Spaceflight Insider

Parker Solar Probe gets its sunshield

Parker Solar Probe at APL

Engineers at the Johns Hopkins University Applied Physics Laboratory in Laurel, Maryland, work on NASA’s Parker Solar Probe spacecraft. Parker Solar Probe will be the first-ever mission to fly directly through the Sun’s atmosphere. Photo & Caption Credit: NASA / JHU-APL

The Parker Solar Probe (formerly named the Solar Probe Plus) had its revolutionary solar heat shield installed on September 21, 2017, at the Johns Hopkins University Applied Physics Laboratory in Laurel, Maryland. The Parker Solar Probe will be launched on a Delta IV Heavy from Cape Canaveral on a mission that will take it closer to the Sun than any spacecraft in history. The probe will come within only 3.9 million miles (6.28 million km) from the Sun’s surface, a distance about one-eighth the average distance of the planet Mercury from the Sun.

The current record-holder for the closest solar approach is the U.S.-West German Helios 2 probe that flew within 27 million miles (0.29 Astronomical Units / 43.45 million km) on April 17, 1976. Helios 2 launched on a Titan IIIE-Centaur on January 15, 1976, and was the second of two Helios probes to the Sun. Helios 1 had already launched on another Titan IIIE-Centaur on December 10, 1974. Both probes were meant to examine the Sun from a relatively close distance, inside the orbit of Mercury. However, the Parker Solar Probe will come much closer to the Sun’s surface than either.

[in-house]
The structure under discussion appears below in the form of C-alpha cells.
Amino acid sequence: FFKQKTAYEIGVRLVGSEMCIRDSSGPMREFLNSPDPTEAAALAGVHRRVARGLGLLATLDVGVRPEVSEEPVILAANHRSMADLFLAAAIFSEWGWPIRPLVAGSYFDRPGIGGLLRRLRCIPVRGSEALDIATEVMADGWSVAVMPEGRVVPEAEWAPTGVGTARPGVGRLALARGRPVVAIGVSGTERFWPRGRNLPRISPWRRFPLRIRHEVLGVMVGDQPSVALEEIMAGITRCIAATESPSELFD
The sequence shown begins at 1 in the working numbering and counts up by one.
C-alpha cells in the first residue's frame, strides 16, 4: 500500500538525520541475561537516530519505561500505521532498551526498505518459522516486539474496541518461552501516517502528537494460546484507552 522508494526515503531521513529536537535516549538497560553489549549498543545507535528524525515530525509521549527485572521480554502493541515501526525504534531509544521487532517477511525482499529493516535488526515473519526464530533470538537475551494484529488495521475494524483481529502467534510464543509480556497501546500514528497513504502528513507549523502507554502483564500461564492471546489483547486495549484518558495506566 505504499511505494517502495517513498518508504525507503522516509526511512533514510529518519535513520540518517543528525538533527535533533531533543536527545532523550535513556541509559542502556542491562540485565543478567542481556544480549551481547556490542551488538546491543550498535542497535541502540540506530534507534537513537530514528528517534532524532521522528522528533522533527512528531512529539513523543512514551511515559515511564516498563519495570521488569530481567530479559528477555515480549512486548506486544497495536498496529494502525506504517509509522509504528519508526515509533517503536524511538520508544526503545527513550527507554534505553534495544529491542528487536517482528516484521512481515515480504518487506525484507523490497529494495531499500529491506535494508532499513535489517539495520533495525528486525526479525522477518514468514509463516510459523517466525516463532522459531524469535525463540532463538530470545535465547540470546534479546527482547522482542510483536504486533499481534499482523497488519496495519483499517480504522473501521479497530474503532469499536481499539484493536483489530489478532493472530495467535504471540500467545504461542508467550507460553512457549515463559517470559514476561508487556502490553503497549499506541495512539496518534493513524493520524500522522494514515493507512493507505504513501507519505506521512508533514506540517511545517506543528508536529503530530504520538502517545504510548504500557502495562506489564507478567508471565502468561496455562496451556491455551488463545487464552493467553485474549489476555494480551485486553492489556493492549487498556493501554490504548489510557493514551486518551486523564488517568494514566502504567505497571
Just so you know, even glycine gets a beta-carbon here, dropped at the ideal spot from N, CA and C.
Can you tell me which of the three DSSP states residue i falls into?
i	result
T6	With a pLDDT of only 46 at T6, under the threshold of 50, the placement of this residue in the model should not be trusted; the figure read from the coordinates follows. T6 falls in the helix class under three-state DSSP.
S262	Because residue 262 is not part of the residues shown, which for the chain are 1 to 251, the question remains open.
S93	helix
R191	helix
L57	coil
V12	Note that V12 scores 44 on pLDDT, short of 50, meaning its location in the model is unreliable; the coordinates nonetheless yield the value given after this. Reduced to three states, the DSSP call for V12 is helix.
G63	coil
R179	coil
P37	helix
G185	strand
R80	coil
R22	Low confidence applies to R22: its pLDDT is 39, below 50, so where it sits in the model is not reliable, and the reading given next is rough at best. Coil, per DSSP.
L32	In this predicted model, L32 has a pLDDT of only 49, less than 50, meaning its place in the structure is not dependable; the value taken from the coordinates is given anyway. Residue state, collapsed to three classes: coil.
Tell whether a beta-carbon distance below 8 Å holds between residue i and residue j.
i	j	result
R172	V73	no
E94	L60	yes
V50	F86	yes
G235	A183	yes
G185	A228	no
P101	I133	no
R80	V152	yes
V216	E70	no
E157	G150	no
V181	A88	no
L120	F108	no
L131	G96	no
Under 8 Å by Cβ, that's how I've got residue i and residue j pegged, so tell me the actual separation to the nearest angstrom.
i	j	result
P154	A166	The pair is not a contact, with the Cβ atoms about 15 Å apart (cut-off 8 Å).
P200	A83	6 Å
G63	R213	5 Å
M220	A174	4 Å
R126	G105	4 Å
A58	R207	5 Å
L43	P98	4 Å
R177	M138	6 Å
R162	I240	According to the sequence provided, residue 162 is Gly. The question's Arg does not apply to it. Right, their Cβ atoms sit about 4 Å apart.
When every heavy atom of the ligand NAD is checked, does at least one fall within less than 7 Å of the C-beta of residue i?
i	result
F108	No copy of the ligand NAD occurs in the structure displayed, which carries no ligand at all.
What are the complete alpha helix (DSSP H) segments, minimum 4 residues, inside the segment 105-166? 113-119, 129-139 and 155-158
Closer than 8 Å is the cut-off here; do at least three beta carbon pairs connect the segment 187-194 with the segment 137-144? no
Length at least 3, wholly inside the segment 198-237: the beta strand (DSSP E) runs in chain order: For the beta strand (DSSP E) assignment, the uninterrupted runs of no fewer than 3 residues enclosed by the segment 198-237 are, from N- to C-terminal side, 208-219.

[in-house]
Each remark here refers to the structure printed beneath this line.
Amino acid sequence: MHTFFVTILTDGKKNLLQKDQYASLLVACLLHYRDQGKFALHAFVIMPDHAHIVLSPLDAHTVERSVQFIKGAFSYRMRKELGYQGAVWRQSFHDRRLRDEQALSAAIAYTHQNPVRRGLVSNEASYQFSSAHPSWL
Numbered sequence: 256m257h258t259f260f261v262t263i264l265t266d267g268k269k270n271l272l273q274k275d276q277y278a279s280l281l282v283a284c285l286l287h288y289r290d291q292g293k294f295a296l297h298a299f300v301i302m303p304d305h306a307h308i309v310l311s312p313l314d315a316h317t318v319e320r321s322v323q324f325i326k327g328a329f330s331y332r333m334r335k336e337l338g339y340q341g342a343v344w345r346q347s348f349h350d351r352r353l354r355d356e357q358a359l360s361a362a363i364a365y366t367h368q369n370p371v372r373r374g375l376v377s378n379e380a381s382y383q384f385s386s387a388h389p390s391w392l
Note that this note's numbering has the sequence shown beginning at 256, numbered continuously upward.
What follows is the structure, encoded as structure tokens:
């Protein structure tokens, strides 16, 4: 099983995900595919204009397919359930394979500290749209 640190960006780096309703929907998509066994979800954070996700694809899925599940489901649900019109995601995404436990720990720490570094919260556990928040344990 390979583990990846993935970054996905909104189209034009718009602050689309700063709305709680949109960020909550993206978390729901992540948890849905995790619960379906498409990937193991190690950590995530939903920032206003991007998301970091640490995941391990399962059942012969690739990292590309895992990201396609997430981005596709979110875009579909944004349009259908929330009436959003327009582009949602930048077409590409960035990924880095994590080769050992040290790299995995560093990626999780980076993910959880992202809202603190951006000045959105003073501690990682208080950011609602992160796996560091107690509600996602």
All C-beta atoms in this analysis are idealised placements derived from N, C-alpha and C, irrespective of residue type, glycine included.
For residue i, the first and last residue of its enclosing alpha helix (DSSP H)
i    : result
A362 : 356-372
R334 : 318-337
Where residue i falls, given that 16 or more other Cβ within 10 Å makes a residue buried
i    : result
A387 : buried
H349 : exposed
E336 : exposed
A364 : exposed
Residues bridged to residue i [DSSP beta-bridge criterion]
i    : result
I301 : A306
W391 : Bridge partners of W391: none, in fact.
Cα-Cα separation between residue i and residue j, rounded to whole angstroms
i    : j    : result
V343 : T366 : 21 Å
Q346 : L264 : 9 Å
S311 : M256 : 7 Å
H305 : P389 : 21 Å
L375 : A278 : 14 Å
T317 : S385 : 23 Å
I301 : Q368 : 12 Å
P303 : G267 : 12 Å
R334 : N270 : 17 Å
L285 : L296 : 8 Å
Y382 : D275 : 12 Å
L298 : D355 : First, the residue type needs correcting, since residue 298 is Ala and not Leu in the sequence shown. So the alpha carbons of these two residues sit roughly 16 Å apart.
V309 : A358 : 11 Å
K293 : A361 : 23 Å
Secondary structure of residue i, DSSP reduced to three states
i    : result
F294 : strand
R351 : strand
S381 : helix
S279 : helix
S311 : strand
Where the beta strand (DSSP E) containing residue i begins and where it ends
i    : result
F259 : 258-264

The Parker Solar Probe was originally proposed as the Solar Probe Plus. On May 31, 2017, NASA announced that they had renamed the mission after pioneering solar physicist Eugene Parker. Dr. Parker predicted the existence of the solar wind in a paper published in 1958. This is the first NASA mission ever named after a still-living individual.

Dr. Parker remarked, “The solar probe is going to a region of space that has never been explored before.” The probe will enter a region of the Sun’s atmosphere where it can observe the solar wind accelerating from subsonic speeds to supersonic speeds. This process is poorly understood, as is the reason behind the solar corona’s extreme temperature – which is much hotter than the solar surface. The probe will also explore regions where highly energetic particles are generated in the Sun’s atmosphere.

In order to explore these regions, the probe must be able to endure the extreme heat that pervades those regions. The regions to be explored by the probe are expected to be over 2,500 degrees Fahrenheit (1,377 degrees Celsius), but thanks to the probe’s exceptional heat shield, the interior electronics are not expected to significantly exceed room temperature.

The heat shield that will protect the probe from these extreme temperatures is 4.5 inches (11.43 cm) thick and made of carbon composite materials. The probe will maneuver itself to keep the heat shield facing the Sun. When the probe is near aphelion, it will relay the data it gathered during its observations at perihelion back to Earth. Power will be provided by solar panels that will fold back behind the heat shield to prevent overheating.

LEFT: On Sept. 21, 2017, engineers at the Johns Hopkins University Applied Physics Laboratory in Laurel, Maryland, lowered the thermal protection system – the heat shield – onto the spacecraft for a test of alignment as part of integration and testing. RIGHT: NASA’s Parker Solar in the clean room at Johns Hopkins University Applied Physics Laboratory in Laurel, Maryland, on Sept. 25, 2017. It is shown with the thermal protection system – the heat shield – on top, which is one of the few times it is integrated with the spacecraft before it launches. Photos & Captions Credit: NASA / JHU-APL